Long-Time Fla. A&M Track Coach Dies
TALLAHASSEE, Fla. (AP) _ Pete Griffin, the track coach at Florida A&M who helped develop 1964 Olympic gold medalist Bob Hayes, died after a long illness. He was 81.
Griffin died Wednesday at Tallahassee Memorial Hospital.
``He was a soft-spoken person that everybody respected,″ university spokesman Eddie Jackson said Thursday. ``He lived to improve the quality of life for all of those he came in contact with.″
His most famous pupil was Hayes, who not only became the world’s fastest human but also a star wide receiver for the Dallas Cowboys.
``Coach Pete was the first to recognize that Hayes was something special,″ Jackson said. ``He also was the first to recognize that his technique should not be interfered with, that he was a natural runner.″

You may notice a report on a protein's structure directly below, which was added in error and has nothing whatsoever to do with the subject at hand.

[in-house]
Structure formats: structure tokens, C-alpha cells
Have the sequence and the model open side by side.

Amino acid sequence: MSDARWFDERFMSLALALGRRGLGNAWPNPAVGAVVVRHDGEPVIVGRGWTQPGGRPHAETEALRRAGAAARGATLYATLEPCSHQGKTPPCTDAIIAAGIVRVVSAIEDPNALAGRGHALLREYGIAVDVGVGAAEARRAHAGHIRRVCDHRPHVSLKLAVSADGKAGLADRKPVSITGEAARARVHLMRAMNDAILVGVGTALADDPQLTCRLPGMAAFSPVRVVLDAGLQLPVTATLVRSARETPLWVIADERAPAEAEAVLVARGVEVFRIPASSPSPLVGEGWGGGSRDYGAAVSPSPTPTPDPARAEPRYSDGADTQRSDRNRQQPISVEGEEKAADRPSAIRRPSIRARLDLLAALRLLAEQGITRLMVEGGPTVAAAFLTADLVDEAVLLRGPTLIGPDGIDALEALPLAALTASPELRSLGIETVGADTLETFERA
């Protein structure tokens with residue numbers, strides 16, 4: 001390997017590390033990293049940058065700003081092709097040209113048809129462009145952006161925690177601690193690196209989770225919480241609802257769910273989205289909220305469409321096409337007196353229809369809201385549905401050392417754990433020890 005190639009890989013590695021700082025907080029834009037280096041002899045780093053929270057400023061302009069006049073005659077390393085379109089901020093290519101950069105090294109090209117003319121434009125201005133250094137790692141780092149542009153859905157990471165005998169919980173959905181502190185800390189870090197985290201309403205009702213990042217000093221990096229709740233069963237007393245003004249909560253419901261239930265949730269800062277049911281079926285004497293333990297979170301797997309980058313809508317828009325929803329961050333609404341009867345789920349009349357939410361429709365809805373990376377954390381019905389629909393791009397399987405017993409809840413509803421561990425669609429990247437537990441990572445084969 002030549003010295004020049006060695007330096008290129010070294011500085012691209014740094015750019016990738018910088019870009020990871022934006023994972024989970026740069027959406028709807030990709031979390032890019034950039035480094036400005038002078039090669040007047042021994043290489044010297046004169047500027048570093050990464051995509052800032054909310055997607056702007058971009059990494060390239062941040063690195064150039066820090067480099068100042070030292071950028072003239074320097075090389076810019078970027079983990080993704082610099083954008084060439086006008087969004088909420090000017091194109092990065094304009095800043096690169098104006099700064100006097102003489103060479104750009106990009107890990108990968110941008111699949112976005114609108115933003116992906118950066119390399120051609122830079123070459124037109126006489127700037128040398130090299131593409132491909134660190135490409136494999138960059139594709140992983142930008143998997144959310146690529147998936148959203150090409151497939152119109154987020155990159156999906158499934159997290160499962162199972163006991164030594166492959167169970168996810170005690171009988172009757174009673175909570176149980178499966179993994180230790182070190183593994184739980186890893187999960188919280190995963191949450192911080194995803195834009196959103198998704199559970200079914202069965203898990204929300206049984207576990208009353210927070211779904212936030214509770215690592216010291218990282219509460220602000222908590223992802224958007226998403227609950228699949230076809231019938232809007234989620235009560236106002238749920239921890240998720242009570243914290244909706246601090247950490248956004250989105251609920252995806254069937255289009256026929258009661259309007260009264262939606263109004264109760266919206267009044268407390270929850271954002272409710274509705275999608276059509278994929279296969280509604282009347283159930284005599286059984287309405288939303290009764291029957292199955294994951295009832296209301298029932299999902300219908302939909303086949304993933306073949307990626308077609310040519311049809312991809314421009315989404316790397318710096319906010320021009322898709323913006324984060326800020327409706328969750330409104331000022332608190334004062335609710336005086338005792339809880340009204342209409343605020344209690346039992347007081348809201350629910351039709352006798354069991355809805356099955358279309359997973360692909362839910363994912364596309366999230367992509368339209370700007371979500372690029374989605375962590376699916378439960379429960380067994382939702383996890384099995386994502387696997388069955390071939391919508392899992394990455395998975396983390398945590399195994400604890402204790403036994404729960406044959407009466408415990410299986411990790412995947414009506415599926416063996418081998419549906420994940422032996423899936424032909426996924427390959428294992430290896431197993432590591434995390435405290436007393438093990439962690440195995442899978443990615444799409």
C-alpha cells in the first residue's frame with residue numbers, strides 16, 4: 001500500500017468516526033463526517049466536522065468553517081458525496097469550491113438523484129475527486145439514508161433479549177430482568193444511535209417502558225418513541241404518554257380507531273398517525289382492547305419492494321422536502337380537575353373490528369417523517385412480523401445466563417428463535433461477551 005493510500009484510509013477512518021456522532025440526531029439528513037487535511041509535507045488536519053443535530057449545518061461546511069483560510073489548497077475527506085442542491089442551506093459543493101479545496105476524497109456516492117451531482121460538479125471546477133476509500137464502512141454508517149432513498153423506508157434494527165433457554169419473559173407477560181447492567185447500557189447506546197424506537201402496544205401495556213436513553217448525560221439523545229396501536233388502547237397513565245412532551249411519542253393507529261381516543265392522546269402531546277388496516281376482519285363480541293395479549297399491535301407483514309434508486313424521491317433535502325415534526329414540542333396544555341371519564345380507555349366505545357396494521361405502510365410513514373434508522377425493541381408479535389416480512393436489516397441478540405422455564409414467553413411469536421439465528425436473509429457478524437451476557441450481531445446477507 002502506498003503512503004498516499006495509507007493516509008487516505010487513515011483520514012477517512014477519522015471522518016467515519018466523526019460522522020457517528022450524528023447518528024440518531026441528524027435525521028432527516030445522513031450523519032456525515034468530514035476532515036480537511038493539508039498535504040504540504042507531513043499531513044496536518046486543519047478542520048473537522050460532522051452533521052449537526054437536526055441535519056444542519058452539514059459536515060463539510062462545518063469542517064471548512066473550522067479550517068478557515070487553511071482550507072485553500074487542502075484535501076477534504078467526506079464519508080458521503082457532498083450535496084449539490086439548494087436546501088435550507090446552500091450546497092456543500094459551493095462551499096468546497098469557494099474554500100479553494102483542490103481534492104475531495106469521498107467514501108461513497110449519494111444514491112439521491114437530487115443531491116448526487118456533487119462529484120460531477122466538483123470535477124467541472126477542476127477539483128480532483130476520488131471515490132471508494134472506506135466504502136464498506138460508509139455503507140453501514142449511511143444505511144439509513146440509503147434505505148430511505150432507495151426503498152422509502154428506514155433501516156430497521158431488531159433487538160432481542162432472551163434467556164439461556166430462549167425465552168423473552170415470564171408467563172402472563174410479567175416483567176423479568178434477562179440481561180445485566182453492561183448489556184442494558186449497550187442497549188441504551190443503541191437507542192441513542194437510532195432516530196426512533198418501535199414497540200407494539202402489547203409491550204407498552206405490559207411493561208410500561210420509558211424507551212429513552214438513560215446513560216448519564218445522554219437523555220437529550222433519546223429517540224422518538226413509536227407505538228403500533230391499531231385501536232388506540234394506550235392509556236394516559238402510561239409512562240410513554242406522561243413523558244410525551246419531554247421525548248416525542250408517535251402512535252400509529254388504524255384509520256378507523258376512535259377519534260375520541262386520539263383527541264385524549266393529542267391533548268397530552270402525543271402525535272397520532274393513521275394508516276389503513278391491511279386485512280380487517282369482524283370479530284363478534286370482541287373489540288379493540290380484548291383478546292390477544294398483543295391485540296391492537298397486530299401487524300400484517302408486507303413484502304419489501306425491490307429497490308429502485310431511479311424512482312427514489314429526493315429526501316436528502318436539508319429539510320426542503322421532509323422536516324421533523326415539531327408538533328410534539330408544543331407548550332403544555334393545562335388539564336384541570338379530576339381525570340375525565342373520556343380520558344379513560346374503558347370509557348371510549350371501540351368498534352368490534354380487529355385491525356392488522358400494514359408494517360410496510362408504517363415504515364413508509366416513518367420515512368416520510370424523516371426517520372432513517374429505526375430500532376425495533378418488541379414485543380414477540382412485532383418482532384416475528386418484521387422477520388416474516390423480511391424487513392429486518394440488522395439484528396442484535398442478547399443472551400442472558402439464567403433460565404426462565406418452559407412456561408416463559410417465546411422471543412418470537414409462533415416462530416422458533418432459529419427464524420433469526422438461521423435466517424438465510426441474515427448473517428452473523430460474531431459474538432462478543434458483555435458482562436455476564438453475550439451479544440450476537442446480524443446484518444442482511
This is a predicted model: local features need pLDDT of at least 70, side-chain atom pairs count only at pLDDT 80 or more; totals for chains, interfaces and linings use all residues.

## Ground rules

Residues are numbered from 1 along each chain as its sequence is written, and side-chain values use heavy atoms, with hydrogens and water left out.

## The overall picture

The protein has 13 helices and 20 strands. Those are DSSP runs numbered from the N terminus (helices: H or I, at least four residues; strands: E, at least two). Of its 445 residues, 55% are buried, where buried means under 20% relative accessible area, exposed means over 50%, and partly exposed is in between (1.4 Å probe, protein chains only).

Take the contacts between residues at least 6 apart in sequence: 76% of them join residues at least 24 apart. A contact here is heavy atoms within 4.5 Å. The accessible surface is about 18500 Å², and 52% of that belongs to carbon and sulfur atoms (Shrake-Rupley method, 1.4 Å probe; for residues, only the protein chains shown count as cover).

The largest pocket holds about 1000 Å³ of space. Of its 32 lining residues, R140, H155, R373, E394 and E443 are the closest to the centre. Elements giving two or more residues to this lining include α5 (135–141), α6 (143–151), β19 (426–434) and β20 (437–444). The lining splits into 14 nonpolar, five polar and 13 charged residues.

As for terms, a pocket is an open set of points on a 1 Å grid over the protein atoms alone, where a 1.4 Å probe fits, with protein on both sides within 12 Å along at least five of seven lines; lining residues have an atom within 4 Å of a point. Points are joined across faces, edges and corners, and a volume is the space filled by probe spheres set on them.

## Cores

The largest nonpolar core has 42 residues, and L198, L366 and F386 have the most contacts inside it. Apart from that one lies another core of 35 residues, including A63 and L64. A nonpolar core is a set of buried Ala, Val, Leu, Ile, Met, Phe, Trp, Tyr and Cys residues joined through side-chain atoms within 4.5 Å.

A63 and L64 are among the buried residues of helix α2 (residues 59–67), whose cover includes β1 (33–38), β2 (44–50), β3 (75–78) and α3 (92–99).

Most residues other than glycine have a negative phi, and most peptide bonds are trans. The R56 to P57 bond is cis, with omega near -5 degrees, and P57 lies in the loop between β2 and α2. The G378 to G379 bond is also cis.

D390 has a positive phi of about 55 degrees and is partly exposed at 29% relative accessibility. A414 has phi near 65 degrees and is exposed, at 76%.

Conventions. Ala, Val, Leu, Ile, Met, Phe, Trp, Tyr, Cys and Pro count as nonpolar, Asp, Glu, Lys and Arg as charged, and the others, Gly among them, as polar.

Hayes, 55, cried when he heard the news of his coach’s death.
``I loved him,″ said Hayes, winner of the 100 meters in a world record-equaling 10.0 seconds at Tokyo 34 years ago. ``I have lost a good friend and a mentor and a father.″
Griffin, who was a star center on the school’s undefeated and unscored-upon football team during the 1938 regular season, also was the school’s football coach in 1970, replacing the renowned Jake Gaither.
He retired from the school in 1976.
Griffin is survived by his wife Charlotte and daughter Leslie.
A memorial service is scheduled Monday at the Florida A&M campus. The funeral will be Tuesday.